A wide range of influences show up on "Back For The First Time". The hard hitting "U Got A Problem", displays a braggadocious verbal performance that demonstrates Ludacris' way with the metaphor. On the Organized Noize produced "The Game Got Switched" he raises the bar on weak MCs ("too many rookies/not enough pros"). Most of the album is produced by Ludacris' in-house producer Shondre. He's responsible for the first single, the hiccuping "What's your fantasy" in which Ludacris flips rapid fire sex rhymes over Shondre's ATL bass-inlfluenced track (at one point he imagines getting his freak on in the Georgia Dome during a Falcoms game).
In 2001, "Southern Hospitality" became an even bigger urban radio and video hit, achieving heavy MTV2 airplay and moderate MTV airplay. Back For The First Time's third single was the controversial "Ho", which, due to lyrics, was banned or restricted on many radio stations and whose video was not played by MTV, MTV2, or even BET, although it was available online at Launch for some time.
During the summer of 2001, Ludacris, with the help of Nate Dogg, released a single off of the Rush Hour 2 soundtrack called "Area Codes". A continuation of the lyrical themes started with "Ho", the song and video were only played in an edited version in which all uses of the word "ho" were replaced with the word "pro". Despite this the song is now a classic, and it achieved great success for Luda And Nate, and also the movie. To this day the song is still one of which Luda will always be remebered for.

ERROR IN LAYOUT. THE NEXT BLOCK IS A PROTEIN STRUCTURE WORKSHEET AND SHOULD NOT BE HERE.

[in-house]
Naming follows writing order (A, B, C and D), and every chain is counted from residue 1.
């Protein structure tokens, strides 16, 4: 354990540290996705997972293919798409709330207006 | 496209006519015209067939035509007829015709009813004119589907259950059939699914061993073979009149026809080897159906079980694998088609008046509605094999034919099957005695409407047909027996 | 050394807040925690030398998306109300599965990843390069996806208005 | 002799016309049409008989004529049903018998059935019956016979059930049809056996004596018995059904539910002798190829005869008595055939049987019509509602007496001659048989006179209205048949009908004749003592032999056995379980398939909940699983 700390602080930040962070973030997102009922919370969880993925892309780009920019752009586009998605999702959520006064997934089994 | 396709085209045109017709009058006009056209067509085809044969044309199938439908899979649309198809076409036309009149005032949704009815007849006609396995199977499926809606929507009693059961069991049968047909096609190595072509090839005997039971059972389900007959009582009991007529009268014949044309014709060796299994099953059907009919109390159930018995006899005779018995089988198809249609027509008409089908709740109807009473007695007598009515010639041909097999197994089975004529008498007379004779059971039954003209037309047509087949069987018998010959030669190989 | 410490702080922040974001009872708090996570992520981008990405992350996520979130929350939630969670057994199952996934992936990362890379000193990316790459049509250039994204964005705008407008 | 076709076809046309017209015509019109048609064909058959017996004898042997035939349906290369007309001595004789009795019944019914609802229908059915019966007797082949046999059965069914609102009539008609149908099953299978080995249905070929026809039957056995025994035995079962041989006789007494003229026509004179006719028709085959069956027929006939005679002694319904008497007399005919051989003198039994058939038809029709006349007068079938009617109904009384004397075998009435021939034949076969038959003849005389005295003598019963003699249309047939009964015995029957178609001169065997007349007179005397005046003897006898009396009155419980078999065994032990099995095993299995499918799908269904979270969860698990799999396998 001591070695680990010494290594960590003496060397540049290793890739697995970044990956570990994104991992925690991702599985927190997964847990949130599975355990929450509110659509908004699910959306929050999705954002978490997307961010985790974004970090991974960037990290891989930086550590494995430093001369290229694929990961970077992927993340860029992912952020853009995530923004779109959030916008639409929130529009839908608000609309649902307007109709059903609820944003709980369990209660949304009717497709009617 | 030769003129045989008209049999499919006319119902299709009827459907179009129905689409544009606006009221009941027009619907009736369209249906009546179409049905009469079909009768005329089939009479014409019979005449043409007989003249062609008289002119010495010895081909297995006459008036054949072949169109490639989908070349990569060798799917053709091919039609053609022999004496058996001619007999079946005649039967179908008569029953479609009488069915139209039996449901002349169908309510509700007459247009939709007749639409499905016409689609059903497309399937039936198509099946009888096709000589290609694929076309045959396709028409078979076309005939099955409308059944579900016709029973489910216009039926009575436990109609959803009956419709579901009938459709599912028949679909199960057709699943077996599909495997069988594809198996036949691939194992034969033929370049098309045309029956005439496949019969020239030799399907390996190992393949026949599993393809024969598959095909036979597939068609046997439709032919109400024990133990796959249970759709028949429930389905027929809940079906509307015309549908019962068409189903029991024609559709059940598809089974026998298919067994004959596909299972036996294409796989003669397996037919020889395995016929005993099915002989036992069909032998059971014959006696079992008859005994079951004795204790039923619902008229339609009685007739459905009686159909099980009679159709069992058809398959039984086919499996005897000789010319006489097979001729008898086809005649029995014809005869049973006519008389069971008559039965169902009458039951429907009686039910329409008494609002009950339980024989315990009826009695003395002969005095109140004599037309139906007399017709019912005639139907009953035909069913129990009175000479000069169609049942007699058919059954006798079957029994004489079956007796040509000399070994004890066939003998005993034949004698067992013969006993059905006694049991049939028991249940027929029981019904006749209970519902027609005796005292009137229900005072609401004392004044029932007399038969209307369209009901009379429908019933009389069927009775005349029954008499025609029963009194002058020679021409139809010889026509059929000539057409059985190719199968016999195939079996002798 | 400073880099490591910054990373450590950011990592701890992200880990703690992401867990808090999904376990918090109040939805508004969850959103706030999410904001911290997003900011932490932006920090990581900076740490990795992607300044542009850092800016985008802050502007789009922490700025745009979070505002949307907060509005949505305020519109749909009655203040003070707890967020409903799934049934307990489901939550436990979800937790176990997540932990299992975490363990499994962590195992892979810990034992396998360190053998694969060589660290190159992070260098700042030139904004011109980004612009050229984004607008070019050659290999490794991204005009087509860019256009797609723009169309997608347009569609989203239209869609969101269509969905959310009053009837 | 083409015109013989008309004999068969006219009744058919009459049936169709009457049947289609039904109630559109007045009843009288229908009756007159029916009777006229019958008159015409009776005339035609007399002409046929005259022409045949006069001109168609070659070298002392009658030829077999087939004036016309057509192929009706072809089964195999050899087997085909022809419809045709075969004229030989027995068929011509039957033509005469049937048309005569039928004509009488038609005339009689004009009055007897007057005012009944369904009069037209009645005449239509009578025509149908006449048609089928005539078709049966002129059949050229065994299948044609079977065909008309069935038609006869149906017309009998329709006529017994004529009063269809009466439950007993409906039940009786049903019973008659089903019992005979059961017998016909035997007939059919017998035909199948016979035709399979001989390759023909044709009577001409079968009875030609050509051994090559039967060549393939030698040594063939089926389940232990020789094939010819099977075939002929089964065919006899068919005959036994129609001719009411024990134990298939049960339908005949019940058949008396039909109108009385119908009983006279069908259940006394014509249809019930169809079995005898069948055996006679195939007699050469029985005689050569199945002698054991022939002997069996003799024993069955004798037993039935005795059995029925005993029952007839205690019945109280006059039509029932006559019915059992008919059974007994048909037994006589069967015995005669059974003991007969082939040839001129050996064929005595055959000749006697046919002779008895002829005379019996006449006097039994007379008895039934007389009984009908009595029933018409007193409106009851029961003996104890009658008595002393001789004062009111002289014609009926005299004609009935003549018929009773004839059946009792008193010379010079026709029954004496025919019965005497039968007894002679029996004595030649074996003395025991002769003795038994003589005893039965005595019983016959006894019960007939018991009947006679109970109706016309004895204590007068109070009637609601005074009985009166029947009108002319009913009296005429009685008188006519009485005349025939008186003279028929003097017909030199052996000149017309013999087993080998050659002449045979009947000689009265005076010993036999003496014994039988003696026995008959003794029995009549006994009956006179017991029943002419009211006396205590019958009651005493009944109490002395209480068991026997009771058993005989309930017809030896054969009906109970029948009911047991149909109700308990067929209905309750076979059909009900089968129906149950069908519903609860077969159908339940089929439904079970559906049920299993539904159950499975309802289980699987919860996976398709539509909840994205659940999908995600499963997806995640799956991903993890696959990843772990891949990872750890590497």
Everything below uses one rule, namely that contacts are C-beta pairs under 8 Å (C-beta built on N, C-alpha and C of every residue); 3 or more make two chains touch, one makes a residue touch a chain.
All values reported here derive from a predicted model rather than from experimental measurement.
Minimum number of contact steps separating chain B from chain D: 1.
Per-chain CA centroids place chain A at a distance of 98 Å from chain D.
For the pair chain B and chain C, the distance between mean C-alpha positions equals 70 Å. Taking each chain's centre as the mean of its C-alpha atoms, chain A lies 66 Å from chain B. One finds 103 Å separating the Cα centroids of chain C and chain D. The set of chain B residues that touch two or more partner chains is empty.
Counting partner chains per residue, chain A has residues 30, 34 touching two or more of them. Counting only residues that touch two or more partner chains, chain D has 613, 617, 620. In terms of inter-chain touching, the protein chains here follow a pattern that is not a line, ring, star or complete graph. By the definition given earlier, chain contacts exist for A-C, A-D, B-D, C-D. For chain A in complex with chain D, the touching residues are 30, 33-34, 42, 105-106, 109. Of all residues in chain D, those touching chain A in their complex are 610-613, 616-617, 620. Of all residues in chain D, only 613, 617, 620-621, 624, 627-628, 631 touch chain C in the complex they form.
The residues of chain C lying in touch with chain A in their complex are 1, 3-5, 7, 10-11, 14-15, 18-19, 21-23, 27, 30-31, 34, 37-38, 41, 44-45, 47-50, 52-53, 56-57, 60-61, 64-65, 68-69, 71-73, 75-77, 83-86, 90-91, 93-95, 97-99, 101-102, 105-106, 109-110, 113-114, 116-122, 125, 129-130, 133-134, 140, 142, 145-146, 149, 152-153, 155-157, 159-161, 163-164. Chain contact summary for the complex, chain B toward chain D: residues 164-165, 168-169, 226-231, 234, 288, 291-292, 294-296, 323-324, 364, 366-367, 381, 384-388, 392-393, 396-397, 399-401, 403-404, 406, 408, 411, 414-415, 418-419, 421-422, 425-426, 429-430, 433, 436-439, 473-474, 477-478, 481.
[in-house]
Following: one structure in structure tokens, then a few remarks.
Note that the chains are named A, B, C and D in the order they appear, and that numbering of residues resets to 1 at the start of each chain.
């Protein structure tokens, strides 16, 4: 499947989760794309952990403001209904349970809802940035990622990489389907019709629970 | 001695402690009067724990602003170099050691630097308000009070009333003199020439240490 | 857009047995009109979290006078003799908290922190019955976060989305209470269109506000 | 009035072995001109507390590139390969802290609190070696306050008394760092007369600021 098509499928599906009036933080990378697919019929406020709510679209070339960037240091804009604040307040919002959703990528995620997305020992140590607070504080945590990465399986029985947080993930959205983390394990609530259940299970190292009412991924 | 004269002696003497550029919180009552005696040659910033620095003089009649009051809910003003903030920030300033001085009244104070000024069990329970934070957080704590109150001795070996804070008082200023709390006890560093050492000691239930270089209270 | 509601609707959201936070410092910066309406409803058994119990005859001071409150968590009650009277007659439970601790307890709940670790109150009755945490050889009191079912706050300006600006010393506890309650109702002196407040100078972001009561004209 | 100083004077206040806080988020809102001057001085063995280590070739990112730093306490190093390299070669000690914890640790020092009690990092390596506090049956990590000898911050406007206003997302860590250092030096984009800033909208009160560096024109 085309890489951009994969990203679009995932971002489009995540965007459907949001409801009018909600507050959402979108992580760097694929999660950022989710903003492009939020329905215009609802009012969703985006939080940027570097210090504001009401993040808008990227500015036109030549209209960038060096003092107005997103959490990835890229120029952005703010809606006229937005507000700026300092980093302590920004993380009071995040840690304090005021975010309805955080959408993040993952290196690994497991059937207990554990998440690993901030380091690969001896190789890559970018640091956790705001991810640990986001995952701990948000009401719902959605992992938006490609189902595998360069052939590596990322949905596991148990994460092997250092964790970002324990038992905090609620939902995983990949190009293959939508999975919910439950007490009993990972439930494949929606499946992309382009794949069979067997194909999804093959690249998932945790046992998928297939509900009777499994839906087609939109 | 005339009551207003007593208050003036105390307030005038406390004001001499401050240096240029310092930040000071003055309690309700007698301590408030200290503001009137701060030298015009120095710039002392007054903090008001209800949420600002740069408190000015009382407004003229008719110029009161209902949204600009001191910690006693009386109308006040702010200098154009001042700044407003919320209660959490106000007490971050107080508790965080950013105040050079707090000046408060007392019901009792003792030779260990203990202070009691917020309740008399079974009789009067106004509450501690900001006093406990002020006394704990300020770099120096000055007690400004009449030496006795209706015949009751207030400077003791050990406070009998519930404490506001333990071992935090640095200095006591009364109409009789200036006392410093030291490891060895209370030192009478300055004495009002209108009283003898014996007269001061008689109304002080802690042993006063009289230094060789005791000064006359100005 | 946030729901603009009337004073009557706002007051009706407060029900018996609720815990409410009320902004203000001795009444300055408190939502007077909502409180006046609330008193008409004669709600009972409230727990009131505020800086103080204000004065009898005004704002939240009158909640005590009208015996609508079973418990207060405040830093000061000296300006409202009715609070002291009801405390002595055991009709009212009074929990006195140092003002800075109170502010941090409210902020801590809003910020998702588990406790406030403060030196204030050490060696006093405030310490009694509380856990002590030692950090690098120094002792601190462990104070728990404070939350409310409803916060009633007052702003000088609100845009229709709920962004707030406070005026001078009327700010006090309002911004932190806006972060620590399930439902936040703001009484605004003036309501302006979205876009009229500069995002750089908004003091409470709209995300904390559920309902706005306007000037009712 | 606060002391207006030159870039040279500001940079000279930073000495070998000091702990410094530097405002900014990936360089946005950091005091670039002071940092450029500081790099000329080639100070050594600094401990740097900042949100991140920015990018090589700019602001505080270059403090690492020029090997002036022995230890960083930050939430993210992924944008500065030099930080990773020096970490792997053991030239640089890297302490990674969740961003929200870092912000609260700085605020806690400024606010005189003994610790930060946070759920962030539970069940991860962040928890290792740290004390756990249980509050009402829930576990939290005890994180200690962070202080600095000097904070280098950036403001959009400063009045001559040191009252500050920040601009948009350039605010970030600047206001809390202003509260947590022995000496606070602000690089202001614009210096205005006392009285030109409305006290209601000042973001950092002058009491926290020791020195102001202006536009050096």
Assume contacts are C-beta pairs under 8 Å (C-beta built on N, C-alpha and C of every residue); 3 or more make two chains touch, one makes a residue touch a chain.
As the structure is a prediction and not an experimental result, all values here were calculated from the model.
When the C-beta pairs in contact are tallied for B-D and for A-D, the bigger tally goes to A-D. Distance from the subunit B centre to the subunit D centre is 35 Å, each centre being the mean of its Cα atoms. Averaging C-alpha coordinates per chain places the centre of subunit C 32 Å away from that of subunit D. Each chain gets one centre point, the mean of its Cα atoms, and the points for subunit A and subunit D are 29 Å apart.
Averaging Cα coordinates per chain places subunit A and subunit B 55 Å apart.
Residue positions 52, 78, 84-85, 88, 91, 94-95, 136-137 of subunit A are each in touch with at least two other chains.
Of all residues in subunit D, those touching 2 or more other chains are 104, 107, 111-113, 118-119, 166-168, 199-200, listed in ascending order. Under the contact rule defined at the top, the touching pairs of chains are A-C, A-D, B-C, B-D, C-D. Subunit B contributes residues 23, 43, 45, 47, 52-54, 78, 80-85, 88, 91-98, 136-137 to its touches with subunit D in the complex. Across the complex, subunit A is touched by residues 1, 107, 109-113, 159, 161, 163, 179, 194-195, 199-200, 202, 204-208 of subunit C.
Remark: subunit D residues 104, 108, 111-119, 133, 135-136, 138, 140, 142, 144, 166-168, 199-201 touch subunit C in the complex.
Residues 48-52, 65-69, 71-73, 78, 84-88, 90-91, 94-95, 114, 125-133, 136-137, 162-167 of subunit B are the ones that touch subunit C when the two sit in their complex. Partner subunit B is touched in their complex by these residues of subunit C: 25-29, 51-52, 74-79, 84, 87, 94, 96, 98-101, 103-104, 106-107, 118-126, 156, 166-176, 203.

Due to his recent successes Ludacris promptly completed his next album, 'Word Of Mouf' and released it at the end of 2001. Its lead single, "Rollout (My Business)", was produced by Timbaland and gave Ludacris his first taste at a minor mainstream crossover, and the song was enormous on urban radio. Its next two singles, "Saturday (Oooh, Oooh)" and "Move Bitch", performed similarly during 2002, and all three songs' videos enjoyed MTV, BET, and MTV2 support. However, "Move Bitch" was commonly referred to as simply "Move" by radio DJ's and the word "bitch" was just muted out wherever it occurred. The title of the video also appeared as just "Move" when played on American video stations. Despite the controversy, the video was nominated for a 2003 VMA, and Luda performed it live at the awards' pre-show. Ludacris also toured with Papa Roach in 2002 after the release of their sophomore album 'Lovehatetragedy'.
In 2003, after music from the controversial "Move Bitch" had been used in a Pepsi commercial in which Ludacris also appeared drinking the soda, Pepsi came under fire from Bill O'Reilly for supporting Ludacris. O'Reilly believed that it was wrong for an international corporation like Pepsi to target the American teen audience by glamorizing a person like Ludacris, a "gangsta rapper" who had admitted having been in gangs and whose lyrics contained profanity, violence, and overt sexuality. O'Reilly urged his viewers to complain to and boycott Pepsi for its affiliation with Ludacris. Eventually, Pepsi gave in to O'Reilly and dropped Ludacris. However, this created more controversy than it ended, as Russell Simmons pointed out Pepsi's hypocrisy and what he considered even to be racism: Simmons argued that Pepsi could not legitimately fire Ludacris for being a presumed violent and profane role model while also employing the Osbournes, who are also known for being violent, vulgar, and profane. Simmons himself, along with Ludacris, then called for a black Pepsi boycott. In the end, Pepsi settled with Simmons by agreeing to help fund black causes, even though the Osbournes were permitted to keep their advertising contracts with the corporation. Ludacris, though annoyed about the situation itself, was happy that he got to keep the money that Pepsi had paid him for the ads. O'Reilly later protested Budweiser's deal with Ludacris.